Now this discussion of the Sinai assembly is not some random Old Testament example that has no bearing on the nature of the New Testament church. Without going into a lot of detail, let me simply say that the New Testament word for “church” (Greek: ekklesia, “assembly”) is based on the idea of Israel as the “assembly of the Lord” in the Old Testament. As Tom Schreiner puts it, “The term ‘church’ (ekklēsia) reaches back to the OT term qāhāl, denoting Israel as God’s assembly.”*2* In fact, I would argue that there is an entire biblical theology of the people of God as the “assembly of the Lord” that starts with Israel at Sinai and that is fulfilled in the “assembly” Jesus is building now (Matt 16:18), the New Testament “church.” This New Testament assembly, like it’s Old Testament counterpart, is an assembly of all the covenant partners (i.e., the new covenant). Spiritually, all of those new covenant partners are assembled right now in the heavenly places in Christ (Hebrews 12:18-24; note the comparison here to the Sinai assembly). Physically, that one heavenly assembly is manifested on earth in the form of multiple local assemblies or churches, each of which is a microcosm or manifestation of the one heavenly church.*3*

So, the old covenant assembly of the Lord was constituted as one assembly by virtue of the fact that the covenant partners were characterized by assembling together in one place—assembling together was essential. And the new covenant assembly of the Lord in its ultimate form (the universal church) is constituted as one assembly by virtue of the fact that the covenant partners are assembled right now in the heavenly places in Christ—the assembly is essential. So, the question is, why would we expect anything less from each local manifestation/microcosm of the new covenant assembly? It’s true for the Old Testament “assembly” (ekklesia in the Septuagint), and it’s true for the universal “assembly” (ekklesia) of the New Testament; so why when we see the New Testament authors referring to each local manifestation of this as an “assembly” (ekklesia throughout the New Testament) would we not assume that being characterized by all assembling together is essential if a group is to consider itself a local assembly? Yes, each local church is a “covenanted body” (a microcosm of the larger new covenant body), but each local church is also an “assembly” (a microcosm of the larger new covenant assembly).*4*

The pattern from Scripture is that for a group of people to be constituted as one assembly (or church) they must not only covenant together, but must also be characterized by assembling together as well. Covenant is essential, but assembly is too.

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1. Peter Gentry argues that “a formal and solemn ceremony,” which is what the Sinai assembly was, is what gives a covenant its “binding and quasi-legal status.” See Peter Gentry and Stephen Wellum, Kingdom Through Covenant, 152.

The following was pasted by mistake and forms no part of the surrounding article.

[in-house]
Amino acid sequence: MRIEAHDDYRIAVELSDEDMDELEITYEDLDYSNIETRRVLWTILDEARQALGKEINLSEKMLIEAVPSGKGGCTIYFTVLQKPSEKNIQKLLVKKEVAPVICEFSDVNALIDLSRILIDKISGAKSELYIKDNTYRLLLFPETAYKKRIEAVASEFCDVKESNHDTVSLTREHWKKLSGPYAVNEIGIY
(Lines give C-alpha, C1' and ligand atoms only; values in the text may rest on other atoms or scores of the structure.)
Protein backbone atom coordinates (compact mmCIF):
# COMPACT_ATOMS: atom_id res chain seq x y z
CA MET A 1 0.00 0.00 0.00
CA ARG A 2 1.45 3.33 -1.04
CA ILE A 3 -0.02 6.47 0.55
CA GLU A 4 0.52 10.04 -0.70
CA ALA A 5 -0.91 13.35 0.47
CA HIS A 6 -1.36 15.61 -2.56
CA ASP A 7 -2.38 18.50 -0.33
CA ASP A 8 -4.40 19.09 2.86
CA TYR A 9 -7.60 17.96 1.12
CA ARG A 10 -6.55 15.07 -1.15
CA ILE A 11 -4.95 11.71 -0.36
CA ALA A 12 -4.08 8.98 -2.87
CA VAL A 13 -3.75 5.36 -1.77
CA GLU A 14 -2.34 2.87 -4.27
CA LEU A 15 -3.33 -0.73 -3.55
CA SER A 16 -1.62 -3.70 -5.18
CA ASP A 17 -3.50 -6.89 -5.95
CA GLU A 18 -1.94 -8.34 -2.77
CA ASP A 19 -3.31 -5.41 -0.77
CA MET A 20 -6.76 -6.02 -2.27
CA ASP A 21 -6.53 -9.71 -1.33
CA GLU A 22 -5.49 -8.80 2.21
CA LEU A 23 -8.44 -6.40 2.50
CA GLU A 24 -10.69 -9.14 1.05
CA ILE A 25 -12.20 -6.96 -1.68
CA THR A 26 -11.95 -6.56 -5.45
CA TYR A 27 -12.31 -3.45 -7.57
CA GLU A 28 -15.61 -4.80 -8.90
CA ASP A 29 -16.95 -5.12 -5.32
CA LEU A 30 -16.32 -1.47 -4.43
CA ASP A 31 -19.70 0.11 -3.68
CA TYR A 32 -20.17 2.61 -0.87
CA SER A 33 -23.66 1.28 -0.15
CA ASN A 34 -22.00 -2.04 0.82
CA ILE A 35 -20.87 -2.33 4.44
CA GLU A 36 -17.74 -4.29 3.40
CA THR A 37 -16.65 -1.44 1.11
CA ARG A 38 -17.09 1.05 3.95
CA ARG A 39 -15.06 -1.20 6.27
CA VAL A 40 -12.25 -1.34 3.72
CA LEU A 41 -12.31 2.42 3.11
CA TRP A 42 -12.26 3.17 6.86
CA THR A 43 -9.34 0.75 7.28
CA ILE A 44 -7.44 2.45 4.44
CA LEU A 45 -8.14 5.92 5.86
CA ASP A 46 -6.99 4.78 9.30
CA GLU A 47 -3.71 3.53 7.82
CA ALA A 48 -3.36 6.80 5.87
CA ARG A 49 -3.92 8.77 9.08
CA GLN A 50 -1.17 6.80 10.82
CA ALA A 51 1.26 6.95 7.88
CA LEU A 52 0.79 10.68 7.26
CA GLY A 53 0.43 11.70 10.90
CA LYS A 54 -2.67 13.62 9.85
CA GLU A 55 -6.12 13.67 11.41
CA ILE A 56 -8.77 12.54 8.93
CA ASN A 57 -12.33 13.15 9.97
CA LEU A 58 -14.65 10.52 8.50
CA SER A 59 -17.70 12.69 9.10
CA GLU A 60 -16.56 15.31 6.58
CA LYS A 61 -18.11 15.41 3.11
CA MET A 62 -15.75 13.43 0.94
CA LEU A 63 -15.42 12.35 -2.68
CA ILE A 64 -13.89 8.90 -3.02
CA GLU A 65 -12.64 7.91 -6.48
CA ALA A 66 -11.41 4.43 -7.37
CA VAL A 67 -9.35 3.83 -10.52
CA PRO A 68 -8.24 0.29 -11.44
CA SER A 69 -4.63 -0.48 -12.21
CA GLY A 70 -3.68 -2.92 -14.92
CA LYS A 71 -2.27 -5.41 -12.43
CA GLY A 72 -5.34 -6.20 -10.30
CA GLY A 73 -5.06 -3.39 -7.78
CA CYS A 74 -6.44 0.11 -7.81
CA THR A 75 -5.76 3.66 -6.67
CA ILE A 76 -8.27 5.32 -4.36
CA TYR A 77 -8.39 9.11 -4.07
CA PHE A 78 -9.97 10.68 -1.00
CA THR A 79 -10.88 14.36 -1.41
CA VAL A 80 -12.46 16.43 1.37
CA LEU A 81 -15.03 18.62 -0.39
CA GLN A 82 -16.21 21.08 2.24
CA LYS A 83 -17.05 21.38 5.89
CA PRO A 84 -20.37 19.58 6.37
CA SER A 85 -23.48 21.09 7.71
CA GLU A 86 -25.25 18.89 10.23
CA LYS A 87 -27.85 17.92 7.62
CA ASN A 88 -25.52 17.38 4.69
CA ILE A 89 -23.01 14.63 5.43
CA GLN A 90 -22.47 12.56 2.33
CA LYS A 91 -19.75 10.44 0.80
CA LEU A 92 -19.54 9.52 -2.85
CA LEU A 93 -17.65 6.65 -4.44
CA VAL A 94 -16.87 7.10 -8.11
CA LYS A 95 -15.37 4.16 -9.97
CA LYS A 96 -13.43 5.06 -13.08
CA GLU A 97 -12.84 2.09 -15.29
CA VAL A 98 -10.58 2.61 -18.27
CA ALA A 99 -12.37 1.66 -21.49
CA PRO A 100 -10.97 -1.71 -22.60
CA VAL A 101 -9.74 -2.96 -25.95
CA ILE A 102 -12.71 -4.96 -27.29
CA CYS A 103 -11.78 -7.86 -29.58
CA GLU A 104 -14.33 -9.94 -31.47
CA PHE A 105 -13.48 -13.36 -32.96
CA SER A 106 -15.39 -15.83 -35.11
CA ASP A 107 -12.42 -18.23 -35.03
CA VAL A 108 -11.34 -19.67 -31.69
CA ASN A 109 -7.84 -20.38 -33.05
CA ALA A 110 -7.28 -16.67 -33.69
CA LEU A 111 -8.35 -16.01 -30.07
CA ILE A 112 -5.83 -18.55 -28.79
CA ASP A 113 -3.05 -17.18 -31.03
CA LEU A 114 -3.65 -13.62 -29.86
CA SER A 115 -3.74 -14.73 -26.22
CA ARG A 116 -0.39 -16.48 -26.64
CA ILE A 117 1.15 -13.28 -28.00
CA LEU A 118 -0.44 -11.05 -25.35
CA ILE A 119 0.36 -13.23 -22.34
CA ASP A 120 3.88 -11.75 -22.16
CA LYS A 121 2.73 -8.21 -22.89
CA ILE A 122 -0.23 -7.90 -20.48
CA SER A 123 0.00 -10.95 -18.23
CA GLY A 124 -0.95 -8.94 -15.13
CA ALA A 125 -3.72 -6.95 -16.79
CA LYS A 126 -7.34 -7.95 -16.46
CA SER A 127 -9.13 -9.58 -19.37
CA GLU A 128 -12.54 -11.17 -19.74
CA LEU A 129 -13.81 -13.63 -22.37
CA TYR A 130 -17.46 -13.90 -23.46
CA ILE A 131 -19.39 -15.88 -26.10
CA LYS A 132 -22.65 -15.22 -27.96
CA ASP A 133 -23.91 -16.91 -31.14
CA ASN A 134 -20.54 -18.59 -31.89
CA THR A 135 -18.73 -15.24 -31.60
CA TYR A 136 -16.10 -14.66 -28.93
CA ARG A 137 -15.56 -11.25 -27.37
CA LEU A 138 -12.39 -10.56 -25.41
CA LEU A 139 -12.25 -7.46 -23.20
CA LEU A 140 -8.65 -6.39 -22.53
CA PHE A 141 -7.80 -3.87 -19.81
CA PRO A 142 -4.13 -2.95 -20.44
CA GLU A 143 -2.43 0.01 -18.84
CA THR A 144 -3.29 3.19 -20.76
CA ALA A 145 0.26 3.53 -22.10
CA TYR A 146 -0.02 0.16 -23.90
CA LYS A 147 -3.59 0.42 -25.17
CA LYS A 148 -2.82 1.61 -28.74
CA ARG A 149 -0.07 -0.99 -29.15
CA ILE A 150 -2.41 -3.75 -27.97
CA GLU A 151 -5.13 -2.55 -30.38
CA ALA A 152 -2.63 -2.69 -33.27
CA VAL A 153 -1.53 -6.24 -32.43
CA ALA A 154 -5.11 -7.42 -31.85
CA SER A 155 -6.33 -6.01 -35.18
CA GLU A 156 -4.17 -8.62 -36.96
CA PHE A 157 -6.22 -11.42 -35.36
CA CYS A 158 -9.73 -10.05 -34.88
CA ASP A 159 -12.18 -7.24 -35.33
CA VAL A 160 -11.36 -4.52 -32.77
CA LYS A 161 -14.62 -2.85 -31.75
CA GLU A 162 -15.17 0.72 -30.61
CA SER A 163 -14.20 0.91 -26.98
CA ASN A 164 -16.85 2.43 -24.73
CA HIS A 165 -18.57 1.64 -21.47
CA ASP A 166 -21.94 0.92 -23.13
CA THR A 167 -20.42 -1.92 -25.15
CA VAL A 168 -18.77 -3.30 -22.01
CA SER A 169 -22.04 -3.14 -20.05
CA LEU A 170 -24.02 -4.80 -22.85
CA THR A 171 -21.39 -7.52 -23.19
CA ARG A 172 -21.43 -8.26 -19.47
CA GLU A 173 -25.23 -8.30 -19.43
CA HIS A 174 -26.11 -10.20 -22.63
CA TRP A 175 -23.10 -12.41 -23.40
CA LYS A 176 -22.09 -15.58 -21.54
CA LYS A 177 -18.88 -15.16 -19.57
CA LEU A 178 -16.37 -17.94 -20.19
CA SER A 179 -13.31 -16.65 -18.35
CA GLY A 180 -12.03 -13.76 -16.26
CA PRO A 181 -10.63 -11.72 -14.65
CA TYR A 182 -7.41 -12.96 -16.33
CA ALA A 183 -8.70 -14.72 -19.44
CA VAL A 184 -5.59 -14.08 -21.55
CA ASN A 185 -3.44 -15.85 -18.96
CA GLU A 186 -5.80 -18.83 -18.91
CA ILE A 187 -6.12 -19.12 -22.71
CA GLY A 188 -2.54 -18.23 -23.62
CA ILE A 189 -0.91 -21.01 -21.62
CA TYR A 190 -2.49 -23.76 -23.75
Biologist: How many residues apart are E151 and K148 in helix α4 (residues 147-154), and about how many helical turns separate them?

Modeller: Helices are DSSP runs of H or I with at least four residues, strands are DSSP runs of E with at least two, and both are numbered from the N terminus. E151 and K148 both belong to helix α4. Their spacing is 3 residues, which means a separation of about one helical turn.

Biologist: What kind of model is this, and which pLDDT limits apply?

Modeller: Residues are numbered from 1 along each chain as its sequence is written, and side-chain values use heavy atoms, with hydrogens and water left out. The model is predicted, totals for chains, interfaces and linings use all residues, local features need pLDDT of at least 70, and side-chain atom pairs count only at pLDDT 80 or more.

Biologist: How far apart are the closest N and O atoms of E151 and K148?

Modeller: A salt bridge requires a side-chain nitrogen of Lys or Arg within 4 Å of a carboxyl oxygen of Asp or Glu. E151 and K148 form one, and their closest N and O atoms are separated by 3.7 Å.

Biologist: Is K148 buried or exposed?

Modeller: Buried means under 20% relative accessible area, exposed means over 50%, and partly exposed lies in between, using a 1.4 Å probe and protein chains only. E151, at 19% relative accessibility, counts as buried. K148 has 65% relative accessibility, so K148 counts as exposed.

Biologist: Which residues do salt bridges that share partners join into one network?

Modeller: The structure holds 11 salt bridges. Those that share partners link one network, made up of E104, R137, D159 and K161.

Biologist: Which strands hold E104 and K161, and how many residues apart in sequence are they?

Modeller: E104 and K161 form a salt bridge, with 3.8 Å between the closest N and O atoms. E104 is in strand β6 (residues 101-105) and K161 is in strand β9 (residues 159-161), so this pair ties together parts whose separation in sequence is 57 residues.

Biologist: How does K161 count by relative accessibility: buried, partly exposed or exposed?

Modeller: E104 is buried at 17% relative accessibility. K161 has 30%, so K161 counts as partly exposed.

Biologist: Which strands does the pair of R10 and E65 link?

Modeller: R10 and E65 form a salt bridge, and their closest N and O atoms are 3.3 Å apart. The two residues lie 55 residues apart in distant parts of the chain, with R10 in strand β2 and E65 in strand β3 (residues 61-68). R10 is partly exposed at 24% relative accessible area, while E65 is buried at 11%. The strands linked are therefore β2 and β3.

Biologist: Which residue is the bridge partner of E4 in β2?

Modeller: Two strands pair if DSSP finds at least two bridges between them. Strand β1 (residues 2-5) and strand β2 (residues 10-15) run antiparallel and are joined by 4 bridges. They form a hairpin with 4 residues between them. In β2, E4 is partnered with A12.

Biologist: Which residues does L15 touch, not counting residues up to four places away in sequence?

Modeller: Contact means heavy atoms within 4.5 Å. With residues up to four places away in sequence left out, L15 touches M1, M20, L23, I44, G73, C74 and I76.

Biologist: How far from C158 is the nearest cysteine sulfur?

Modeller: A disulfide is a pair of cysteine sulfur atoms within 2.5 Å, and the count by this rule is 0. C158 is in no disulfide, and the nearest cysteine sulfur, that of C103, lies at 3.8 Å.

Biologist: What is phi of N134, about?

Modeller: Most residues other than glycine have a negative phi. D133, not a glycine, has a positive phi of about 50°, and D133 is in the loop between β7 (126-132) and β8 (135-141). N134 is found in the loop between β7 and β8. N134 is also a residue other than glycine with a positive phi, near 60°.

2. Thomas R. Schreiner, New Testament Theology: Magnifying God in Christ, 694.

3. This is why, for instance, Paul can call the church in Corinth “the church in Corinth” (1 Cor 1:2) and “the body of Christ” (1 Cor 12:27). As John Hammett states,“The local church is not regarded here [1 Cor 12:27] as merely a part of a larger body of Christ, but as the body of Christ in that place.” See John S. Hammett, Biblical Foundations for Baptist Churches, 37. Hammett goes on to say, “This is another support for a proper understanding of the autonomy of the local church. No local church should be isolated, but no local church needs a larger body to complete it or enable it to function. It is the body of Christ, possessing full ecclesial status” (ibid.). Each local church is a local manifestation of the whole body of Christ and of the whole assembly of Christ. See chapter 4 of my dissertation on how the NT assembly is a fulfillment of the OT assembly, and see especially pages 76-90 on each local church being a manifestation in time and space of the ultimate heavenly church. The dissertation can be downloaded here.

4. I argue that local churches in the New Testament were in fact characterized by whole church gatherings in chapter 5 of my dissertation.

Review of Colt McCoy & Matt Carter’s “The Real Win”

The Real WinI recently wrote a review of this book for The Council on Biblical Manhood and Womanhood. Here’s the first part of the review:

Colt McCoy and Matt Carter. The Real Win: A Man’s Quest for Authentic Success. Colorado Springs: Multnomah, 2013. 224pp. $19.99.

Regretfully, many men in church pews are passionless observers of Christianity. They’re content to maintain life goals that are no different than those of unbelieving men around them—make some money, enjoy my family, and have a little fun before I die. If this describes some of the men in your church, then The Real Win will be a helpful resource for your ministry. McCoy and Carter’s book can challenge your men, reorient their minds, and put them well on their way to passionately pursuing Jesus in every area of their lives.

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Read the rest here

Review of Gregg Allison’s Book on the Doctrine of the Church

Sojourners and Strangers

Gregg R. Allison. Sojourners and Strangers: The Doctrine of the Church (Foundations of Evangelical Theology). Wheaton, IL: Crossway, 2012. 496 pp. $40.00.

Gregg Allison’s new book is sure to be a standard work of ecclesiology for years to come. The title, Sojourners and Strangers, is taken from 1 Peter 2:11. With this title, Allison highlights the fact that the church lives within the tension of the already and not yet—the time between Christ’s first and second comings when our heavenly citizenship collides with our earthly experience.

Rather than provide a complete summary of this hefty volume, in this review I will first, give a brief sense of what the book does, and, second, offer two critiques of issues I find particularly important.

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Click here to read the rest of the review on The Gospel Coalition’s website.